Building on a previous article entitled Compete or Collaborate: The Dilemma for Christian Ministries, I want to delve into the direction and diversity of collaboration among Christian ministries. But to do this I must first lay out some critical understandings about collaboration.
I write this as I am preparing to go to the annual gathering of the North American Baptist Fellowship (NABF) of the Baptist World Alliance where more than 30 Baptist organizations connect. NABF talks about collaborative efforts, missional engagement, and network emphases. Even though only one category uses the word “collaborative”, they are all about collaboration.
Collaboration is also one of two objectives of NABF. Supporting the world organization and the various regions of the world—of which they are six organized regions—works reasonably well as one of the objectives. It is the collaborate objective that is tricky. Competing and conforming is so much easier.
Not the Motown musical group. I am talking about the Supreme Court of the United States.
I recently had the opportunity to view an episode of the now classic television series called West Wing about the presidency of Jed Bartlett. The episode was The Supremes. It had to do with appointing two persons to fill vacancies among the nine justices.
In the interview process the president’s staff was trying to find moderate candidates who could get confirmed by Congress. No one was really excited about this as these candidates lacked leading edge, prophetic convictions. They did not have a deep dimension of ideology that they would espouse in their written opinions.
In terms of this article the candidates were more weak compromisers and conformers than strong collaborators.
At some point it was discovered it might actually be possible to nominate a liberal candidate and a conservative candidate of deep conviction who knew the law, had deep convictions, could debate one another with mutual respect, and even liked one another in the midst of their differing perspectives. This is what happened.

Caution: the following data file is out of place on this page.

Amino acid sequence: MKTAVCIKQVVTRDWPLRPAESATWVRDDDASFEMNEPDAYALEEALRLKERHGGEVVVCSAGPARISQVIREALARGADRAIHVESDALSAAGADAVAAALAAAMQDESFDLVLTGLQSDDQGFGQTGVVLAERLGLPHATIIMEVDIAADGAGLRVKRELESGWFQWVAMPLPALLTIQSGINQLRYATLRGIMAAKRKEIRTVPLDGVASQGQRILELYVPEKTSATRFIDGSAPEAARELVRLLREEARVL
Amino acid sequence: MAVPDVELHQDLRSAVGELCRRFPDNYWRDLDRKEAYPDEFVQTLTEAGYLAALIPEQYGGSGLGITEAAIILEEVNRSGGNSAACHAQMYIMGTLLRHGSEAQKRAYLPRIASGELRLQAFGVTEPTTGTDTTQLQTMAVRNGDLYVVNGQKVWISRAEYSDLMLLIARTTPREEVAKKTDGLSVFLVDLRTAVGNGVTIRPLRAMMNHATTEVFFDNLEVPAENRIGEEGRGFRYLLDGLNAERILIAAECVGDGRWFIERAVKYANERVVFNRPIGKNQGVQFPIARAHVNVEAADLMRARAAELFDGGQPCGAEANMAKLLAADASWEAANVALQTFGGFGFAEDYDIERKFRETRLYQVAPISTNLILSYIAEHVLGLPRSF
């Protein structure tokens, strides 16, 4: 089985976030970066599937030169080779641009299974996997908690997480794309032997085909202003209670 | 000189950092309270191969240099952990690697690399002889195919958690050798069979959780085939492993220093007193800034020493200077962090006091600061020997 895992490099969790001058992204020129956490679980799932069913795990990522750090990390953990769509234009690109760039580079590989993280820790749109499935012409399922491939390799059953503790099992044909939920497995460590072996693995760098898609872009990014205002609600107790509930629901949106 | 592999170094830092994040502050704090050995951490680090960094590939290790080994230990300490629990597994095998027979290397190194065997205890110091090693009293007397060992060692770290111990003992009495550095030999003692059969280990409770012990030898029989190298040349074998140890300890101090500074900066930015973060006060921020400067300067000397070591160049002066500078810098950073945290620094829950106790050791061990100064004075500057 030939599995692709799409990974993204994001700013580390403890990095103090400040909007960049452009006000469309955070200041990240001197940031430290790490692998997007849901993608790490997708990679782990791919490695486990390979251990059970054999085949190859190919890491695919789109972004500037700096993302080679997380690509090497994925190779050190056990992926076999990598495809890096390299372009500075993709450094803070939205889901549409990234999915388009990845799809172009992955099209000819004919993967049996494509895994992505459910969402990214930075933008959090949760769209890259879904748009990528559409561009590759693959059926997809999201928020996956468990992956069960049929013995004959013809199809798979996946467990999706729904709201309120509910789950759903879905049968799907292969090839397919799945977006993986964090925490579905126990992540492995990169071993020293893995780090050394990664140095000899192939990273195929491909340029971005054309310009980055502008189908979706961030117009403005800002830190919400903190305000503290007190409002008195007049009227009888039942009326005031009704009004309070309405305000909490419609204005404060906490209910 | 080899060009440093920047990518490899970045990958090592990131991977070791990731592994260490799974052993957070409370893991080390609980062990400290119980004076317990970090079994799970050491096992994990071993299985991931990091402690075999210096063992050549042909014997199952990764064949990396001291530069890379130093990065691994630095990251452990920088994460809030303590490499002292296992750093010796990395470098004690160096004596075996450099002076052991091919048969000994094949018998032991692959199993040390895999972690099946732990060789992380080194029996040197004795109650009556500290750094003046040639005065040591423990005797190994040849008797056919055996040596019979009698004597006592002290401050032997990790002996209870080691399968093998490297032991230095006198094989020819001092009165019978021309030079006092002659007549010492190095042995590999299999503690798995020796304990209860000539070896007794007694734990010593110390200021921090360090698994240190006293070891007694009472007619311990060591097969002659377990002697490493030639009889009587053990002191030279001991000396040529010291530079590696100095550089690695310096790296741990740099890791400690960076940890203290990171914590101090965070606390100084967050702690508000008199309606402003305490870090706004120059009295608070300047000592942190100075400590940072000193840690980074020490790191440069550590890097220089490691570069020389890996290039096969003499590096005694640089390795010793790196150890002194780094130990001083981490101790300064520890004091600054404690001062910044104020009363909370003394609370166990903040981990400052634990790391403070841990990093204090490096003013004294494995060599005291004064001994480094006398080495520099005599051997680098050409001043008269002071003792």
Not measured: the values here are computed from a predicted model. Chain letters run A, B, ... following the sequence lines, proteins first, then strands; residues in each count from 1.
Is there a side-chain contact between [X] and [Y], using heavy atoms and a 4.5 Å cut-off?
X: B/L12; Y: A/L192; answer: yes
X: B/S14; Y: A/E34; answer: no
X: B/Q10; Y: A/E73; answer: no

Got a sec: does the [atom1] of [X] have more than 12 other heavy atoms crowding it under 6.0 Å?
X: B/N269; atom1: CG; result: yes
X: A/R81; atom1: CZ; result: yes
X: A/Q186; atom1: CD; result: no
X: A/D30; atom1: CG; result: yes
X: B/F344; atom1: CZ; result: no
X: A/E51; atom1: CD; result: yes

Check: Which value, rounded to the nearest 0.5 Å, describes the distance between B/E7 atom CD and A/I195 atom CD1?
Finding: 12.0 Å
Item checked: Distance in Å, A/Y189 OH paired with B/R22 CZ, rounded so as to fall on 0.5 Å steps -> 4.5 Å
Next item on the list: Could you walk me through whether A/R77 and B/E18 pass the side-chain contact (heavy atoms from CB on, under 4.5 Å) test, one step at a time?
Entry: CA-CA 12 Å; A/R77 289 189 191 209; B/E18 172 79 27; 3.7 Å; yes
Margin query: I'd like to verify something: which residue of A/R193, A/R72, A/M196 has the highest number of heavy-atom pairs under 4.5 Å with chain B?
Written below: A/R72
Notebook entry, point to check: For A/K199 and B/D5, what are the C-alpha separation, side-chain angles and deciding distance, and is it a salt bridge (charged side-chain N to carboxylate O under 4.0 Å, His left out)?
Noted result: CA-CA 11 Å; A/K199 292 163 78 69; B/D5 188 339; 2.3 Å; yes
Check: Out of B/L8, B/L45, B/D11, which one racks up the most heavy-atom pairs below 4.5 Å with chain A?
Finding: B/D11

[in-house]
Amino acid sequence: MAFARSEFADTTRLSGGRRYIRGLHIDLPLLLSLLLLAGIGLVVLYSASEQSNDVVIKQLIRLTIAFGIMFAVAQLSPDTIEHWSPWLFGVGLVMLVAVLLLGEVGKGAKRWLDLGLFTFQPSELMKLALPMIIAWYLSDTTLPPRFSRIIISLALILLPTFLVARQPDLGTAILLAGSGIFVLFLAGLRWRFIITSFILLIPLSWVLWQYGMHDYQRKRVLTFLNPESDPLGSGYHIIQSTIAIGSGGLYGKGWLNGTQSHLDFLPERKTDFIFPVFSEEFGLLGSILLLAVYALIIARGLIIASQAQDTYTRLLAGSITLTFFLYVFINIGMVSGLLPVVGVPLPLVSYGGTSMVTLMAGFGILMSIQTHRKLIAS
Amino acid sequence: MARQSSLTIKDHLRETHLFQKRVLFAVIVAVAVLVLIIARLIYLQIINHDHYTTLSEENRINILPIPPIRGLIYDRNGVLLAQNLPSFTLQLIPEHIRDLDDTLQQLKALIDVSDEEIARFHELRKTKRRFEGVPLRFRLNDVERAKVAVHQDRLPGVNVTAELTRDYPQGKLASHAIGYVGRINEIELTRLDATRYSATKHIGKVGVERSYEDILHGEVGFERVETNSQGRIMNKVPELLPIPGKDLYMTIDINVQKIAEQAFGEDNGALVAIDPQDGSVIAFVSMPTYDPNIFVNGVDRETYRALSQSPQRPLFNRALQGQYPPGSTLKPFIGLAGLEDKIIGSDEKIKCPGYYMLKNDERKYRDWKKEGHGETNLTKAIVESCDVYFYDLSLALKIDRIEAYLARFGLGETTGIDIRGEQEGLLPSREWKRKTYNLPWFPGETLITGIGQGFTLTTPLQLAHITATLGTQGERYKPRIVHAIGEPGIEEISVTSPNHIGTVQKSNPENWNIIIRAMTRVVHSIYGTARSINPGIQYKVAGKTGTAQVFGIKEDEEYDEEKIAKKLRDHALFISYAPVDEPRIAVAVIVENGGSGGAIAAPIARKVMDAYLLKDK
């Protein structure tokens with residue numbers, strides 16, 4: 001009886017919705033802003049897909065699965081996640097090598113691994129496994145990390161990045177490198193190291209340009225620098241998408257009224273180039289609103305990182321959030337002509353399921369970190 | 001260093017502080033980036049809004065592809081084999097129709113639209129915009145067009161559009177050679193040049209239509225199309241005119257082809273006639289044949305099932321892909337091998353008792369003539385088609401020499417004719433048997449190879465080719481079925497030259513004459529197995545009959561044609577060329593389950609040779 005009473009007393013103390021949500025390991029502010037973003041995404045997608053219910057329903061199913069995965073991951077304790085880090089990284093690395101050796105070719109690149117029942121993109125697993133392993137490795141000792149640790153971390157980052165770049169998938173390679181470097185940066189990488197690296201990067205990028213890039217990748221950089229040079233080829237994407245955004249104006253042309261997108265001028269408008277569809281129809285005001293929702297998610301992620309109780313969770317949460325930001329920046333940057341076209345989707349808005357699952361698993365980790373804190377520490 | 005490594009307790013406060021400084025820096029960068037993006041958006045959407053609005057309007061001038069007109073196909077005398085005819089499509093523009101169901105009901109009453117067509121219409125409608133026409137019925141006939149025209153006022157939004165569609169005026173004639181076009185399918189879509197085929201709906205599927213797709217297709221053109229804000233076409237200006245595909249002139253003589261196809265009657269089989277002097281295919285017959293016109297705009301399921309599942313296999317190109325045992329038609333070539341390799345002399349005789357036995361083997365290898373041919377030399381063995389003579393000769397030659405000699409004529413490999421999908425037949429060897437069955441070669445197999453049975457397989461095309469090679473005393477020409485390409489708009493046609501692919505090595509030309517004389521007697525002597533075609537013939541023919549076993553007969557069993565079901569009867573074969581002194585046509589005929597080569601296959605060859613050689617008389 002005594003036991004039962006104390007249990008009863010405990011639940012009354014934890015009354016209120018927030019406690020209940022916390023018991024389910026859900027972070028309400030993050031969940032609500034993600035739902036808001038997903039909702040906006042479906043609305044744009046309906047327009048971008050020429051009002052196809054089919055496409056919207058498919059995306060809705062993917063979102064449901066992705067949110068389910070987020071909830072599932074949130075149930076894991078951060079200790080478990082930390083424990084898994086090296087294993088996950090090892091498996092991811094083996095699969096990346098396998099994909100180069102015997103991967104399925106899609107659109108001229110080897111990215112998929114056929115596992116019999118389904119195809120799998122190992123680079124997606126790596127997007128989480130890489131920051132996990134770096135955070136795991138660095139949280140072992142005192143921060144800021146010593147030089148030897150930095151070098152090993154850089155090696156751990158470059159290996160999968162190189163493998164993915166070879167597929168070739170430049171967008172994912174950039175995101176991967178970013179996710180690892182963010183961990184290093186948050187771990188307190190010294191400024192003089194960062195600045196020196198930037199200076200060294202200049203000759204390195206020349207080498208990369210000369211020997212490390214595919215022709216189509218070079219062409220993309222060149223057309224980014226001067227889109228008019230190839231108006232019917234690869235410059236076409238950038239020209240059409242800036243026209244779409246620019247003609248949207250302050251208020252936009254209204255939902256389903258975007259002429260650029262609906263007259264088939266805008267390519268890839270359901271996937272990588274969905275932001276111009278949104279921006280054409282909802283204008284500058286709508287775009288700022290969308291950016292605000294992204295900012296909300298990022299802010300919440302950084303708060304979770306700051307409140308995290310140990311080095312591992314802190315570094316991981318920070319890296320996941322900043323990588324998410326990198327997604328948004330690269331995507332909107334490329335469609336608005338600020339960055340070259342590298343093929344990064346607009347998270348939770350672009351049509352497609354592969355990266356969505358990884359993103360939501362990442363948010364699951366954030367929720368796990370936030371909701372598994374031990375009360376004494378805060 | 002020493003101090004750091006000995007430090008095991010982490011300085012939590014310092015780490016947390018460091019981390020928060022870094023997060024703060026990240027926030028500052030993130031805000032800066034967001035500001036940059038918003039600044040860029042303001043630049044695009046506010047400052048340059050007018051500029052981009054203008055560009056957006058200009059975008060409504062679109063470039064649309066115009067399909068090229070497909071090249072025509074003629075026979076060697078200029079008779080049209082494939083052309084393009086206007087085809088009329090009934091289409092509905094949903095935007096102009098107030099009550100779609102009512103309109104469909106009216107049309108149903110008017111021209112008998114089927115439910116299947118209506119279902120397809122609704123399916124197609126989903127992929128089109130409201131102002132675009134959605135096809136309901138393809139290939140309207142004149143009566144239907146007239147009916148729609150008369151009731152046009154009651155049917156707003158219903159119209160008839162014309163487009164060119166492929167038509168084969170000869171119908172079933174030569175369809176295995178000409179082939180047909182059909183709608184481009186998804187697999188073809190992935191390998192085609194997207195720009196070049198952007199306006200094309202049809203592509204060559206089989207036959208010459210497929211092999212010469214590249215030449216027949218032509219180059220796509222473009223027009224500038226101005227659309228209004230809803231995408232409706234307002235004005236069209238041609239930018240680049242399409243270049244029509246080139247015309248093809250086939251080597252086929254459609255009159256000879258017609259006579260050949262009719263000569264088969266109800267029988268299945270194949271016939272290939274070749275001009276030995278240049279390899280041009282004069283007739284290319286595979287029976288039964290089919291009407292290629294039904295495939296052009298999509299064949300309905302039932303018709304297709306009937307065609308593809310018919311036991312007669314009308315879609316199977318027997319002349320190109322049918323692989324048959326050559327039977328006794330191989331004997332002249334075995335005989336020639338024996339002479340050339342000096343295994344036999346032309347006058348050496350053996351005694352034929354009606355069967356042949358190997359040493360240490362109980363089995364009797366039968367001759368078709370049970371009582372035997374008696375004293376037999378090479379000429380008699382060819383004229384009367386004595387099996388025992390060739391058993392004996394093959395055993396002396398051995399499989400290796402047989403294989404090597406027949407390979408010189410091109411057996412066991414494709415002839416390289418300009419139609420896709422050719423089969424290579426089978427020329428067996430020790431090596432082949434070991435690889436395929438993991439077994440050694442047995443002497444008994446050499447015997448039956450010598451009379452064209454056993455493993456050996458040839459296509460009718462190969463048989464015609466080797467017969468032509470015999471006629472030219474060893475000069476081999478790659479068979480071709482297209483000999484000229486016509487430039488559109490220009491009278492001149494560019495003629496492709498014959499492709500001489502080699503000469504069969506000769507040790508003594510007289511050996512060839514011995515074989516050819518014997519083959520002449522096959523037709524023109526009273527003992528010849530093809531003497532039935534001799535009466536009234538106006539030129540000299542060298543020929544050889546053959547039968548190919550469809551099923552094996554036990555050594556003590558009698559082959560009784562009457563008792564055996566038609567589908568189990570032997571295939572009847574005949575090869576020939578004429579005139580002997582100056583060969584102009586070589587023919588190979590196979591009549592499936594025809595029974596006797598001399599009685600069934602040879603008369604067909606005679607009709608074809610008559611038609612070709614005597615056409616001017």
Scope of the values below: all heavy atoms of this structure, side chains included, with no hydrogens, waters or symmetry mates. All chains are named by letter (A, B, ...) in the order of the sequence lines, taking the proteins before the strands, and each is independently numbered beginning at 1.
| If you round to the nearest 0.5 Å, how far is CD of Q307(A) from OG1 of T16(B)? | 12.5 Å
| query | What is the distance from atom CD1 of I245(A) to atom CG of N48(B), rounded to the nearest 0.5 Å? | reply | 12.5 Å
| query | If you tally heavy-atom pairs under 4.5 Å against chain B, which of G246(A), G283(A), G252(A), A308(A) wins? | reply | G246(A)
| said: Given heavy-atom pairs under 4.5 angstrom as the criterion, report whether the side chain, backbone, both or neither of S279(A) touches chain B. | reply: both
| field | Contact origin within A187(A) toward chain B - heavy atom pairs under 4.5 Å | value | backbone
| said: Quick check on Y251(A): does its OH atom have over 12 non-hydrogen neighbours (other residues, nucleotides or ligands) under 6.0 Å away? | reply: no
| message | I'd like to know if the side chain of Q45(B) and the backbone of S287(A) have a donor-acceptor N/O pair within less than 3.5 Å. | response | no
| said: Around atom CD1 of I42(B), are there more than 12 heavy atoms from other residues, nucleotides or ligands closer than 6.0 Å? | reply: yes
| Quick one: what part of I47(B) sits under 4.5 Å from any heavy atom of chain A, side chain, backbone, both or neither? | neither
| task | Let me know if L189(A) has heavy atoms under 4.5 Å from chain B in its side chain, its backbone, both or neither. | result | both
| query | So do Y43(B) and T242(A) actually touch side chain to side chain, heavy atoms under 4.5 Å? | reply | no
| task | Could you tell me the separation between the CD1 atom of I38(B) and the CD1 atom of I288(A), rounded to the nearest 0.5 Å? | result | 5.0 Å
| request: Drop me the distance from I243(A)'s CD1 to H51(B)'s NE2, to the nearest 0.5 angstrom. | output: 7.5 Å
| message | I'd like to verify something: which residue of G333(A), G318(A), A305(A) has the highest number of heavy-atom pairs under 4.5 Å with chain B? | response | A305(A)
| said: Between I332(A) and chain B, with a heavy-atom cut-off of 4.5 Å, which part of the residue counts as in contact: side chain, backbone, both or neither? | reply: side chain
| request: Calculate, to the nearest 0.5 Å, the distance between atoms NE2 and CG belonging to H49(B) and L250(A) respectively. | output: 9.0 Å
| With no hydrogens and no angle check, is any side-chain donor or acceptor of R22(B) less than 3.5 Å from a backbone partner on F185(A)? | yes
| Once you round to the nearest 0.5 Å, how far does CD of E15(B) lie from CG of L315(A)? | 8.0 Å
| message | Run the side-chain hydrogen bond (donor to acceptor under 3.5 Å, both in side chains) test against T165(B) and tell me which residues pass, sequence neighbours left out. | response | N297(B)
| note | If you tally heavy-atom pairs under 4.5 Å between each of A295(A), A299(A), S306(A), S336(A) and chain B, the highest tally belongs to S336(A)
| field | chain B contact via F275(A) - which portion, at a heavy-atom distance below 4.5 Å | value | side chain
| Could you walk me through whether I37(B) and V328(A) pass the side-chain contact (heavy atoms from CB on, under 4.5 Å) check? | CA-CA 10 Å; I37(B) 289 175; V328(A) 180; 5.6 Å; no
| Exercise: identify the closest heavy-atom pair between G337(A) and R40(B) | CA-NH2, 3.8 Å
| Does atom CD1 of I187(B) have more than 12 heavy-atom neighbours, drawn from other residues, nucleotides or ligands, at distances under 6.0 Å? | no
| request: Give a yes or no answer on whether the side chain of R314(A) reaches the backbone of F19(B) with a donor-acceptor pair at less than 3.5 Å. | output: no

The result was to strengthen the Supreme Court with outstanding justices who would uphold the rule of law and the constitution with strong conviction. At the same time they could collaborate with one another, debate one another as colleagues, and not compromise their convictions. They could potentially come up with collaborative rulings that created a new synergy.
With this in mind let’s look at three critical understandings about collaboration.
Critical Understandings about Collaboration
First, collaboration in a Christian ministry context does not involve compromise or the discovery of common ground. This is the folly of government legislative processes, and labor vs. management negotiations.
Collaboration seeks higher ground that is greater than the sum of the parts and uses the strengths of collaborators to develop new, innovative ways of Christian ministry action.
Compromise often settles into a common ground that is lower or less stable than the starting point for any of the collaborators. Collaboration at its best seeks to build a new synergy of efforts that is higher or more substantial than the starting point for any of the collaborators.
Collaboration is a wise process built on a solid foundation.
Second, collaboration in a Christian ministry context does not involve conforming to one another or emulating what someone else is doing. This is the path of least resistance that develops a short-term fix for Christian ministries without having to deal with deeper solutions around vision, passion, the unique gifting of each ministry, and the hidden creativity and innovation present within each ministry. It may be a beginning point of transition, but it is not the ending or fulfillment point.
Within each Christian ministry is a unique gifting of God that must be brought to the surface and expressed. Each Christian ministry has a unique purpose, core values, and vision to express within God’s world. Collaboration can happen with other Christian ministries who share a common overall mission in God’s world, and where a synergy of multiple efforts will increase the capacity of each to serve with success, significance, and surrender.
Third, the best collaboration efforts involve three or more Christian ministries or dimensions of various ministries. The power of three is synergistic. Two collaborating ministries generally focus dialogue on issues of, “Shall we do it your way or our way?” When three or more ministries collaborate a new synergy and culture has to be developed. Therefore, creativity, innovation, and the possibilities of new learnings and the invention of new depths of ministry are much greater.
With these critical understandings in mind in the next article let’s address the direction and diversity of collaboration.